Book Review: The Killer of Little Shepherds
This book is in the same vein of a lot of historical non-fiction I’ve read lately. It follows the path of two people, antagonist and protagonist, superhero and villain, alternating chapters until their lives intersect. This may as well be Sherlock Holmes versus Hannibal Lector.
The Killer of Little Shepherds takes place in late 19th century France. The western world was going through a stretch of unparalleled progress and optimism. Electricity lit the streets and the telegraph made communication instantaneous. The Paris World Fair in 1889 unveiled Gustave Eiffel’s eponymous Tower. There was little mankind believed it could not accomplish through science and industry. For you Titanic fans think: “Unsinkable Ship.”
Criminal science was no exception. The hero of the story is Alexandre Lacassange, a real life Sherlock Holmes and the father of modern criminology and forensics. Where previously criminal justice relied on ancient superstitions, unreliable eye witness testimony, and confessions rung from suspects, Lacassange used the scientific method to solve the most difficult crimes, and identify even the most unrecognizable remains. Evidence was everywhere, if one knew what to look for; High levels of oxygen in the blood meant a sudden death instead of a slow asphyxiation. Puncture wounds revealed not only the weapon, but what hand the killer favored. He standardized charts that analyzed rigor mortis, livor mortis and
other effects to narrow the time of death. He discovered the length of any number of different bones could accurately predict the height of the deceased. His act of wizardry in identifying a decaying body four months deceased (the fascinating Gouffe Affair) earned him international fame, but by then he had already revolutionized criminal science. The book provides plenty of fascinating anecdotes.
Even more interesting to me are the superstitions of those in rural France, whose poverty and superstition offer a startling juxtaposition from the blossoming cities. Here are a few highlights:
- The eyes of the dead freeze the last image they saw. How useful for identifying a murderer!
- A body’s wounds bleed anew in the presence of the murderer.
- The bloating and green discoloration in dead bodies owes to “unquieted spirits” trying to escape. And that’s from none other than scientific eminence Francis Bacon.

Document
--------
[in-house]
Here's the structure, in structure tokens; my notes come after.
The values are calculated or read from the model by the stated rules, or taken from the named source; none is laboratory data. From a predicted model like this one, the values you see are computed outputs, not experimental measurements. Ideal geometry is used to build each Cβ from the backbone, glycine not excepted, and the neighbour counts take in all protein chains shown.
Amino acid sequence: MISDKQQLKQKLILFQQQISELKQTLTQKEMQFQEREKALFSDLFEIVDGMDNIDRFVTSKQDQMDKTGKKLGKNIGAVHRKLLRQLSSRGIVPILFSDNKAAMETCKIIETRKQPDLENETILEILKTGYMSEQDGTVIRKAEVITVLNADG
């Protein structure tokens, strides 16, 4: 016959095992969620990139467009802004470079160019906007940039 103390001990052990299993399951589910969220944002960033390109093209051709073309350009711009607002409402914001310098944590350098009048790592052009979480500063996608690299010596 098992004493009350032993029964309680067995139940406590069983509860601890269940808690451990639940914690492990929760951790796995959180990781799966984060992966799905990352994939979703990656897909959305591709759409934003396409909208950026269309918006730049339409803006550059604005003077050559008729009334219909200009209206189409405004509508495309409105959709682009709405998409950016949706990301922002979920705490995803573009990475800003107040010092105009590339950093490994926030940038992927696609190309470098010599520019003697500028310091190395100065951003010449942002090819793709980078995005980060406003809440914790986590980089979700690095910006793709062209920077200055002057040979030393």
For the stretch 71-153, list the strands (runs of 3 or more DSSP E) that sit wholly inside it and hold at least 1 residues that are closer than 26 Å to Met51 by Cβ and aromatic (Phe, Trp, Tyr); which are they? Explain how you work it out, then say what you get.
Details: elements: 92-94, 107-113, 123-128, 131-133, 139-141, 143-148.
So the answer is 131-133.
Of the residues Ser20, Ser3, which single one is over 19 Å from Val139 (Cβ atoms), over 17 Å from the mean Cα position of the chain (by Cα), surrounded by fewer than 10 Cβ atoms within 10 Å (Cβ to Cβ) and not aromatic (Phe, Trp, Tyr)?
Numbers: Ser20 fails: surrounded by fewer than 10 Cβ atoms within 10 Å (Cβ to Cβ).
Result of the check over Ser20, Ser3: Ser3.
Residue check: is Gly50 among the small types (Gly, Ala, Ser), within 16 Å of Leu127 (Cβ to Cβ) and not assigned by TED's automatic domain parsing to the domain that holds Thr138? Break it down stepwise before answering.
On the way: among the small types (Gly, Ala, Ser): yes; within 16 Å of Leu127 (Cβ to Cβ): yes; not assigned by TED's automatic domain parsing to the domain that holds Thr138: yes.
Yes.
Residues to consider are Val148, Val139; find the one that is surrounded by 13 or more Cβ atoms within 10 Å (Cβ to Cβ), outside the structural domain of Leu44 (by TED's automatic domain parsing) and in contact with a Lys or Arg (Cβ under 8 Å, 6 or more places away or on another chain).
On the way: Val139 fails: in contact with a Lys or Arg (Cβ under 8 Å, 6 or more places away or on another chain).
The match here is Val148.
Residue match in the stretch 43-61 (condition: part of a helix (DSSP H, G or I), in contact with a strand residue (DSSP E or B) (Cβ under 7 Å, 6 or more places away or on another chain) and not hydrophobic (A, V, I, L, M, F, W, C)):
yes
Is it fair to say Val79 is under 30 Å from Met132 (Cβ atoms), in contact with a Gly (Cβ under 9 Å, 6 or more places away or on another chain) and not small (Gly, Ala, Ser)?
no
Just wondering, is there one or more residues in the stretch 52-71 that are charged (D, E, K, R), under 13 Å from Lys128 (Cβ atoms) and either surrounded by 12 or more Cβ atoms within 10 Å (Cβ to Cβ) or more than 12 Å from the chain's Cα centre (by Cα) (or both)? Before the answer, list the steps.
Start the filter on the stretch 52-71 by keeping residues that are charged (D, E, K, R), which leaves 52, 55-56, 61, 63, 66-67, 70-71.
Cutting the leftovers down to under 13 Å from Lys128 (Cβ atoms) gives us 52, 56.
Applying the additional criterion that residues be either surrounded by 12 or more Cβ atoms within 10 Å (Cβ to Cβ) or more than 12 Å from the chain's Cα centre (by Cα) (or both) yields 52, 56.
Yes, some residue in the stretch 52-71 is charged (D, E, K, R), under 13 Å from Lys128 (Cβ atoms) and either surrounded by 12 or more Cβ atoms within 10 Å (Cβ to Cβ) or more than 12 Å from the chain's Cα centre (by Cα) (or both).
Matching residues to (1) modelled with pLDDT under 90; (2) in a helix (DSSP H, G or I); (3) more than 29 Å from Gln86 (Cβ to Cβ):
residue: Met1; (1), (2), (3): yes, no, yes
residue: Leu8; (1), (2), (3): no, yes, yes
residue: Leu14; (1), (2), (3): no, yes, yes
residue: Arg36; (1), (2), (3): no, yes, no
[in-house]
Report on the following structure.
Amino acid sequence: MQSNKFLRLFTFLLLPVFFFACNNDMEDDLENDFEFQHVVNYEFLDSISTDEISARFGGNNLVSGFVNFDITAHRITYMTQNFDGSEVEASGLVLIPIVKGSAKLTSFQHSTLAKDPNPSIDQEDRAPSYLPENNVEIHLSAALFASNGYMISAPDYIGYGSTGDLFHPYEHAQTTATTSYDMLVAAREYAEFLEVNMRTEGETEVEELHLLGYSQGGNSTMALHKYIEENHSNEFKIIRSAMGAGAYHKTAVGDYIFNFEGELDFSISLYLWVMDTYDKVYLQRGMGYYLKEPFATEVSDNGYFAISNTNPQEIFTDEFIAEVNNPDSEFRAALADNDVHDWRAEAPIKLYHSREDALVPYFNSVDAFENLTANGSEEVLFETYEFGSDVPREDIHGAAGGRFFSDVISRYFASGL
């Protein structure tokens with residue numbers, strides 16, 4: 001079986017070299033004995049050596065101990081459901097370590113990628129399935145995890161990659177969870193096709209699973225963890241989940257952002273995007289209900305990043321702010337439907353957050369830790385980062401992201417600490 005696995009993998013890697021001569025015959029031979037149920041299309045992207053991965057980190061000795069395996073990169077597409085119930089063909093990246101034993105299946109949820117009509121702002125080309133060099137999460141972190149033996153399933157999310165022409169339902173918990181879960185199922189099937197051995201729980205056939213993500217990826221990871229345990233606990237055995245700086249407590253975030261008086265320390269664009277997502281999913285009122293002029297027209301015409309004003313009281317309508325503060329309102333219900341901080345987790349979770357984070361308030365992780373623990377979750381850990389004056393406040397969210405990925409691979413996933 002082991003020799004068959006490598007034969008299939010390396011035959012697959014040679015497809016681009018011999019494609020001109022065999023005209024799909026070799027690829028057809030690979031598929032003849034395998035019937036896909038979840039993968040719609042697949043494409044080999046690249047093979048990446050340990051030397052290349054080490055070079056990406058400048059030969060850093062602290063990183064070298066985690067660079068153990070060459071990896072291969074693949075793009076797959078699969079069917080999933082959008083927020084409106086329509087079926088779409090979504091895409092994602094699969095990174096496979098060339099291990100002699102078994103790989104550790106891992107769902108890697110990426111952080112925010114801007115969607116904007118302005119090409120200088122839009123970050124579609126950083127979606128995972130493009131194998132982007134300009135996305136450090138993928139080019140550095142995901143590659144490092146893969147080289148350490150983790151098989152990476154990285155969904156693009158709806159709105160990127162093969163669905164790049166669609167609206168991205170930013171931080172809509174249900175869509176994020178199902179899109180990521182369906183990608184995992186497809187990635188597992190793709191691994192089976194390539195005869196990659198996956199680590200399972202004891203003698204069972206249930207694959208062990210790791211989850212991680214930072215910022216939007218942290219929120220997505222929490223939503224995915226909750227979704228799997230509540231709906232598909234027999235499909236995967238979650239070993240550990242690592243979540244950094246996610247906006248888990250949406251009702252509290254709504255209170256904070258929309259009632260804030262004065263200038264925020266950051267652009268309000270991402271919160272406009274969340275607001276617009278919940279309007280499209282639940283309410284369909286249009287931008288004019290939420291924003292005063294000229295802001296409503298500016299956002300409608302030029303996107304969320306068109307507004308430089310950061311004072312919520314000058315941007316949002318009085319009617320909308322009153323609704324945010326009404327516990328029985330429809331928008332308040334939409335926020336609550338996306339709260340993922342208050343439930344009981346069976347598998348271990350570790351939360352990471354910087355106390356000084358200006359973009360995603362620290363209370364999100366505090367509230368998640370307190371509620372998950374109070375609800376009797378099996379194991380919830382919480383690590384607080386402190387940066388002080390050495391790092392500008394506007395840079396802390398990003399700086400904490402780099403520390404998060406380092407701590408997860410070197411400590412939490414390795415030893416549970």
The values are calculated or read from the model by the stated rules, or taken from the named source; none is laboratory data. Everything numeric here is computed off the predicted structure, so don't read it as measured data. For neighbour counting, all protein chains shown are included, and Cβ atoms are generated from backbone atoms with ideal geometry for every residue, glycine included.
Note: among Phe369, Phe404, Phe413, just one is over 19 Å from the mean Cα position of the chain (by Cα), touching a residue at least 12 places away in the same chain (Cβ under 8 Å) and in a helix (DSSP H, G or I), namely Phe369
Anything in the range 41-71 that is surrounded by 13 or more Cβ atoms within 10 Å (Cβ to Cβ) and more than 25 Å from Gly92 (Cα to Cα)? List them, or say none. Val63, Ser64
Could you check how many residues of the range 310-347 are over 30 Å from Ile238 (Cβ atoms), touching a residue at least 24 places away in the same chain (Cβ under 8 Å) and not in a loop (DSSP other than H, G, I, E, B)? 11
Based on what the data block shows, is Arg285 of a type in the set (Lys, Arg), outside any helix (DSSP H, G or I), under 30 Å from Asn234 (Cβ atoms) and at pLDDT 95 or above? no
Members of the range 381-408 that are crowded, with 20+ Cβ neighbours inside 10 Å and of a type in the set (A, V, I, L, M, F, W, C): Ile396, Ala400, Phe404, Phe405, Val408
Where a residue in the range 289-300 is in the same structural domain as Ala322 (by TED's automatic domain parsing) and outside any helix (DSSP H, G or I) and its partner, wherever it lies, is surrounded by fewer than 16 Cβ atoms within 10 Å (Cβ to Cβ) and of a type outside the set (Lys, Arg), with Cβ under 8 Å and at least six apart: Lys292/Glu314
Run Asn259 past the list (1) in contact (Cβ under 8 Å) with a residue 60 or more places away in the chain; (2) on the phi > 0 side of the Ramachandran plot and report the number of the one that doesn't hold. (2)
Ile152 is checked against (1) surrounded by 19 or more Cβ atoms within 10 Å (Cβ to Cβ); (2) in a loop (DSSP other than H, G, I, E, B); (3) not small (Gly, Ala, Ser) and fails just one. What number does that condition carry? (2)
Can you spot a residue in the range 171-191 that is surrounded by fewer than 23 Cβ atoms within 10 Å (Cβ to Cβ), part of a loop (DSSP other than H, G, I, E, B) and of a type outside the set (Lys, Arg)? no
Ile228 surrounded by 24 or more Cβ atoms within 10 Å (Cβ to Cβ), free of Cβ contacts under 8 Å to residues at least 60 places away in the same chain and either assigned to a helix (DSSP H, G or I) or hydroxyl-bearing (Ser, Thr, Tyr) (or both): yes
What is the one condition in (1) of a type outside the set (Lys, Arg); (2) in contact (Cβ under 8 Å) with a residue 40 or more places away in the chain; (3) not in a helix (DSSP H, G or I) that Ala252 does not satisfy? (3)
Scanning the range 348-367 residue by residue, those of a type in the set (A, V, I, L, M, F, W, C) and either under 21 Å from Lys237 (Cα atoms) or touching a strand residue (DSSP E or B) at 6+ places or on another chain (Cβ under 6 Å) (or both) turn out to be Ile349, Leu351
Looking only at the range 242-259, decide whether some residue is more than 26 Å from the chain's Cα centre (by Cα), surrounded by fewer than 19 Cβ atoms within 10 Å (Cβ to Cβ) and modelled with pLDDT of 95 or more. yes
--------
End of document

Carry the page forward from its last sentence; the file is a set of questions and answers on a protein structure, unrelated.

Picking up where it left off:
Lacassange bursts all those theories. Take those green bloated bodies. Spirits? No, actually. Bacteria from the pancreas escape into the dead host, turning skin green and emitting gasses that cause the swelling as a chemical by product. In fact, while performing an autopsy, he would prick a bloated body in a number of places with a needle and light the gasses on fire that escaped. The gas would burn for days.
His counterpoint is Joseph Vacher, a former monk and soldier whose lifelong anger issues boil over into a series of gruesome killings throughout pastoral France. Though his method of escape seems just to be walk really fast to another small town, poor communication and worse police work allow him to leave a disturbingly long trail of carnage (and falsely accused victims) throughout France. When he’s finally caught, he’s just crazy enough to take advantage of new theories about whether the mentally insane are responsible for their actions. That’s when the authorities call in Lacassange, to forensically analyze his murders and deduce his mental state. Lacassange decides whether he’ll meet the guillotine or head to the asylum, and that question is the climax of the book.
While there wasn’t much here that I could use teaching a 6th grade geography class, there are plenty of takeaways for those teaching about the pre-World One Europe/America, as well sociology and psychiatry teachers. I recommend the book for bringing to light the fascinating story of the birth of modern criminology, and the questions it raises about guilt and innocence in the mentally ill are relevant even today. The Killer of Little Shepherds provides a largely unexplored side of the scientific hope and optimism found before the first World War. It also provides an illuminating criminological look at the vast differences that existed at the time between forward looking cities and the more traditional country side.